Prettier, Cleaner Antarctica

Do you here that thump-thump? That is just me patting myself on the back. Over the last few days I have had several opportunities to make Antarctica cleaner, and I have taken them all. That’s right I have picked up garbage.

Go, team go! Clean that continent.

Here on Station there is a strong tradition of “Daisy Picking.” No there aren’t any actual daisies here. When an office takes time from their busy schedule to go pick up any loose garbage that may have blown over towards their building, it is known as “daisy picking”. I had a chance to help an office with daisy picking earlier in the week. Sorry no photos, I was too busy making Antarctica a cleaner continent. 🙂

A view of the less buried side of the plane

Later in the week I was asked to go help with a more extensive clean up effort. In 1970 a Pegasus airplane crashed at one of the runway near the station. All 80 people on board survived, and only a few had minor injuries. The plane, however was totaled and was eventually moved from its original crash location to somewhere out of the way. It has sat in this out of the way place for decades, filling will snow and ice.

A view of the back half of the plane... Yes I know very silly of me not to get a shot of the entire plane.

Yay I'm flying... what we are still on the ground? I guess that is why it is so easy to keep my seat.

Recently, members of the environmental department noticed that there was a lot of debris near the plane. After digging around in the top layers of the ice (which is over 200 ft thick at the site of the plane and debris), they realized that they had found a lot of forgotten “stuff” that was not related to the initial plane crash. Throughout this summer season, they have been going out there collecting as much debris as they could. The rising summer temperatures has made this a bit easier. As the ice melts more “stuff” is uncovered and can be removed. The environmental department here has collected several pallets of garbage from the the site. All of this garbage will be added to the Station’s waste stream. It will be boxed up and sent away on the yearly supply ship for proper disposal.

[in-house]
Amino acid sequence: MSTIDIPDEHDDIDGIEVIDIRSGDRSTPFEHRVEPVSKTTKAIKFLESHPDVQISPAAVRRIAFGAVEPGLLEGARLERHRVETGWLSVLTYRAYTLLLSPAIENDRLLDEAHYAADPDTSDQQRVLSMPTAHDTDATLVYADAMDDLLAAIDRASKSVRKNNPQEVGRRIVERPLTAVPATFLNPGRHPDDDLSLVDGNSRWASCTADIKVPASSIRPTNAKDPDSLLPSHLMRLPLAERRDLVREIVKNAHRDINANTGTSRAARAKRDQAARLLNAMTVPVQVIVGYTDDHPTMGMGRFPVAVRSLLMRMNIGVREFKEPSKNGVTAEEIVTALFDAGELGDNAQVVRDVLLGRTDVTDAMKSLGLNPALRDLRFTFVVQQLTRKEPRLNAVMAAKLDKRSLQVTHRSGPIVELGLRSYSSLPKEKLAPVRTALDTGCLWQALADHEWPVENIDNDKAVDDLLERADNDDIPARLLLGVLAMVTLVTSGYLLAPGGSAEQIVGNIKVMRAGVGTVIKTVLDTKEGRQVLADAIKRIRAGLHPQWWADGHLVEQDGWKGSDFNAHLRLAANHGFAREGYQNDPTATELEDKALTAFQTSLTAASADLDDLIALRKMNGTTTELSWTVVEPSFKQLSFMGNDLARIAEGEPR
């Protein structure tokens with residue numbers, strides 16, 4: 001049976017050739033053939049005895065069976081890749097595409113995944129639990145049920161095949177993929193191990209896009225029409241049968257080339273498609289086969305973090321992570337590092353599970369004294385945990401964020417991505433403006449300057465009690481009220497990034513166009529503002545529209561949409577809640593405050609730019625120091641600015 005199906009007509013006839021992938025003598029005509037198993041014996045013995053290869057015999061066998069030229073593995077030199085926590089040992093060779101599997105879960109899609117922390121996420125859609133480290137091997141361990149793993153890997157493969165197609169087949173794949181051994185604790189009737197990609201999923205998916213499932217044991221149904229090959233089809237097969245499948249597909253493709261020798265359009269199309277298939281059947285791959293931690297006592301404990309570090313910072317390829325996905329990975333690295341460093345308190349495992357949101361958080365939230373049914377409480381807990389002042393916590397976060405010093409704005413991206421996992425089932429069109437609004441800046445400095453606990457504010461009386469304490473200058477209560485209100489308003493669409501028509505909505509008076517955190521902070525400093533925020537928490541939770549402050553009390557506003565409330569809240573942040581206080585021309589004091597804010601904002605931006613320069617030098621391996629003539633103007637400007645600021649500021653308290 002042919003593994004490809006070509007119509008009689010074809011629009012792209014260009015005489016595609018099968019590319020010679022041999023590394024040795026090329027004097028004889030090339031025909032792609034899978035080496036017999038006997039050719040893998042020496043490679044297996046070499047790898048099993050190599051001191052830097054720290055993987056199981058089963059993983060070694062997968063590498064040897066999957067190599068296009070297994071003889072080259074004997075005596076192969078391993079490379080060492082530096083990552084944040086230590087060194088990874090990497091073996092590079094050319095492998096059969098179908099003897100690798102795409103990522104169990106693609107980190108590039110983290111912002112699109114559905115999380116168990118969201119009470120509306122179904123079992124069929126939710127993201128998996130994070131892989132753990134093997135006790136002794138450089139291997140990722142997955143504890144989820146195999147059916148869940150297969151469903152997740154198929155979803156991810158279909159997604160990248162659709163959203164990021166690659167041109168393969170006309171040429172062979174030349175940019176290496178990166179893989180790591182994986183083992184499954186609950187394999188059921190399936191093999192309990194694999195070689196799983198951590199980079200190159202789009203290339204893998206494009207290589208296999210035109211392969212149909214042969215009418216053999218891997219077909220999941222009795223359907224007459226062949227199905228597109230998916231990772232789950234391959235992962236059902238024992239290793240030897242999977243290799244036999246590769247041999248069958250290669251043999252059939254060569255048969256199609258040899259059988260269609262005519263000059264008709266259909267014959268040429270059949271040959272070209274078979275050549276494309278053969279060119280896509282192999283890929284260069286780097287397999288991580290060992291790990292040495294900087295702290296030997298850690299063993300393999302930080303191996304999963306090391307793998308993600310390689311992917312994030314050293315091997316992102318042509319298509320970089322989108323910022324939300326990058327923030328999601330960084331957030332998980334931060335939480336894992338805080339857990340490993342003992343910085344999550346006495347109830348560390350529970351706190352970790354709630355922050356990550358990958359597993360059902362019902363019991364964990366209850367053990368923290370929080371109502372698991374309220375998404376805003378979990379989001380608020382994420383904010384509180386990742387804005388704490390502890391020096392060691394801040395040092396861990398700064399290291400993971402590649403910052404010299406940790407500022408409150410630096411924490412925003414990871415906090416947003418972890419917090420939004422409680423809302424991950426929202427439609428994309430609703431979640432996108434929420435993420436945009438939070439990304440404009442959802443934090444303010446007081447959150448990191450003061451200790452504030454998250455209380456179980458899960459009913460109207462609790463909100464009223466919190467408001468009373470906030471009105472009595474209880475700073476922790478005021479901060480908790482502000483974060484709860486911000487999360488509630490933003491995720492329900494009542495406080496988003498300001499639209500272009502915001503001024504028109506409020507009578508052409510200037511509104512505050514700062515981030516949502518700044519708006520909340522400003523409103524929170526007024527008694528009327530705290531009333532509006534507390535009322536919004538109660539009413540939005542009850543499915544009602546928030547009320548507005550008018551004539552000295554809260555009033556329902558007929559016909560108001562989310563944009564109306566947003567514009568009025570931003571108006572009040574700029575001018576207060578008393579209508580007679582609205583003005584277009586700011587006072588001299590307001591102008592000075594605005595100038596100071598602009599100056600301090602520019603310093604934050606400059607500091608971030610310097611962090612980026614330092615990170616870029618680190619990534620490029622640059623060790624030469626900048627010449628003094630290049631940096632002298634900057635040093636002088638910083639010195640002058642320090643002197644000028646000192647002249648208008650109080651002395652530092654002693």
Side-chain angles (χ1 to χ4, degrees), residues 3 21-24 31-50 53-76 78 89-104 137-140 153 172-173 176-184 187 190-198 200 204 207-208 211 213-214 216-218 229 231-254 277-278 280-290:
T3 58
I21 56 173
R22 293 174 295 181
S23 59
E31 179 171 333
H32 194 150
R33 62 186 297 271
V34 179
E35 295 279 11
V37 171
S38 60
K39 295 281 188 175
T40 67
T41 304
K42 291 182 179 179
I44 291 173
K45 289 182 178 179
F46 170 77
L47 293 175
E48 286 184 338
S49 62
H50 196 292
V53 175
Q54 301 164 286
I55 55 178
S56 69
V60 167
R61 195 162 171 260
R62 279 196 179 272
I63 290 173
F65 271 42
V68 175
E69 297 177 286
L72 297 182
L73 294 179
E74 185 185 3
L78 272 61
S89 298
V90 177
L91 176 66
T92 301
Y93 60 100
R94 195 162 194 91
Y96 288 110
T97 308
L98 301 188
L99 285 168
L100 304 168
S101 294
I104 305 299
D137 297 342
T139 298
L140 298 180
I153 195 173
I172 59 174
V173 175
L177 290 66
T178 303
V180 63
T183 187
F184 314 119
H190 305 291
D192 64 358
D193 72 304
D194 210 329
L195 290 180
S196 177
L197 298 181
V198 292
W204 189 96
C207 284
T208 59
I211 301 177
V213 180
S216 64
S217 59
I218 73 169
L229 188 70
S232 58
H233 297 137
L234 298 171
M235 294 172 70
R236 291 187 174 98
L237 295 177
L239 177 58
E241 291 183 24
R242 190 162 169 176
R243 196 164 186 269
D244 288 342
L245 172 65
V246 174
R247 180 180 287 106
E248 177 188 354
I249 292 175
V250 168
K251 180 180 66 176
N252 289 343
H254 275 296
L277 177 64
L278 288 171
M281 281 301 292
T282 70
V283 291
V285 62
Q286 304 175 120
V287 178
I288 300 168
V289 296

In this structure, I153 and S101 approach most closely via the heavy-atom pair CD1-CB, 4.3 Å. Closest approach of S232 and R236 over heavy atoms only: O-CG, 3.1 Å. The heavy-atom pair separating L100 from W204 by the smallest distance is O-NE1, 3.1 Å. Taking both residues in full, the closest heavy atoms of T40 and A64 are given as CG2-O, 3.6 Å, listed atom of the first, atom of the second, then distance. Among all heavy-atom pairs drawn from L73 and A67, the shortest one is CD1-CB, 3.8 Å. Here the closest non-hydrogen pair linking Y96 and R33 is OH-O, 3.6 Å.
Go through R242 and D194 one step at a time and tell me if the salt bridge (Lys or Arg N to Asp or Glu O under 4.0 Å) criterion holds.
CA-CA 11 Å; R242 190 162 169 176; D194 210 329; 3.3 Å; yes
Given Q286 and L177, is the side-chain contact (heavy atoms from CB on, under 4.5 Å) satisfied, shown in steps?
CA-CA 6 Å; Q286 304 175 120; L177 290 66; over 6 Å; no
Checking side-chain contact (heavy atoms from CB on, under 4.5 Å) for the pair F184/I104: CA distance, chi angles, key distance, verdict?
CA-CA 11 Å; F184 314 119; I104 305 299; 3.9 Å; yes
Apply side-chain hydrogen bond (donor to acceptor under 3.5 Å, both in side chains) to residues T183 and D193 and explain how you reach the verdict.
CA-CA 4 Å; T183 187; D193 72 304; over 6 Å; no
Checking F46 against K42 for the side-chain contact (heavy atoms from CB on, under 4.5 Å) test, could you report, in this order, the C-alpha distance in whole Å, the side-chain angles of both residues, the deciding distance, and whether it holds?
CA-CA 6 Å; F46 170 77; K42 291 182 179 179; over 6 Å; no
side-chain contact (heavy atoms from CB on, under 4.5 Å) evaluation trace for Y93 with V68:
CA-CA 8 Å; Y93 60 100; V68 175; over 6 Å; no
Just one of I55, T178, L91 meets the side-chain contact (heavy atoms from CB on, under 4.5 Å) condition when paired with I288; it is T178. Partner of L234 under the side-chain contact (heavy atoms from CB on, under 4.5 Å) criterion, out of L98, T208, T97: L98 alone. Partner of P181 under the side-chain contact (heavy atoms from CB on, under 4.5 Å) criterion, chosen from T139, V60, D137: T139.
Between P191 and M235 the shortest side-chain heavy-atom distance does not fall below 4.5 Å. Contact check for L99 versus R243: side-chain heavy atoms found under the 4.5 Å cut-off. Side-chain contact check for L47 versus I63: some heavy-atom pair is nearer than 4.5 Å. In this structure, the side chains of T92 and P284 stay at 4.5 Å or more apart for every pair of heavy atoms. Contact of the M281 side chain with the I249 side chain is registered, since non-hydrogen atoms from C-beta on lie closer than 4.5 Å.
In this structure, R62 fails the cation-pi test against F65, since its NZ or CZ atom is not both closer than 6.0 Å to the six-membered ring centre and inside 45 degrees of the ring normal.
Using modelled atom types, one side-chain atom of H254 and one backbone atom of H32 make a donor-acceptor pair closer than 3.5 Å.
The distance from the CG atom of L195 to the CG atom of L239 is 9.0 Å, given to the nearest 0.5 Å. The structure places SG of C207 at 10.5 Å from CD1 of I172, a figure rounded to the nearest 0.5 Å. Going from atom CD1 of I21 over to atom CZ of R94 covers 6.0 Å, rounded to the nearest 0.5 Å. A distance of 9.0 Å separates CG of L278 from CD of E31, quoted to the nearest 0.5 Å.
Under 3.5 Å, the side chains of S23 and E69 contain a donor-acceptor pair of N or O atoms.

Its nice to know that some people still follow directions. Although, I think these cuts were made long after the crash. Photos taken shortly after the crash so that at least one of the exits with stairs still worked.

I went with the Enviros on their last trip out for the season to collect debris near the crashed plane. No one is really sure of the origin of the debris, so it was a bit like a treasure hunt for me. It was amazing to see what survived in tact. I have a few pictures, but not many because… I was busy making Antarctica a cleaner continent. 🙂

My prize find, part of an MRE. An MRE is a "Meal Ready to Eat". The armed forces provide these for all of their troops in the field. The Navy used to run Operations in Antarctica under the title "Operation Deep Freeze". You can tell that the MRE is rather old. For many reasons, the military stopped including tobacco in their MRE's many years ago. This "condiment kit" of the MRE has been buried in the ice for decades, but the matches still work (yes I lit one) !

In case you were wondering, we also found a mystery novel (wet but still intact), toilet paper, spoons,  cans of food, lots of wood, wires and insulation.

4 thoughts on “Prettier, Cleaner Antarctica

  1. Hi Adrian — Great pictures! Is all that debris in the first picture from Antartic researchers and tourists? Enjoy the rest of your trip!

  2. Hi Caitlin,

    Actually, we have no idea where the debris came from. Given what we found, we think it was from operations conducted decades ago. It’s funny how people can forget a giant pile of debris for decades.

  3. Hi Linda,

    One of the other folks out there saved the book. She plans to dry it if not read it. It was an Agatha Christie paperback marked at $0.45! I forgot to look for a printing date, but it was obviously a while ago

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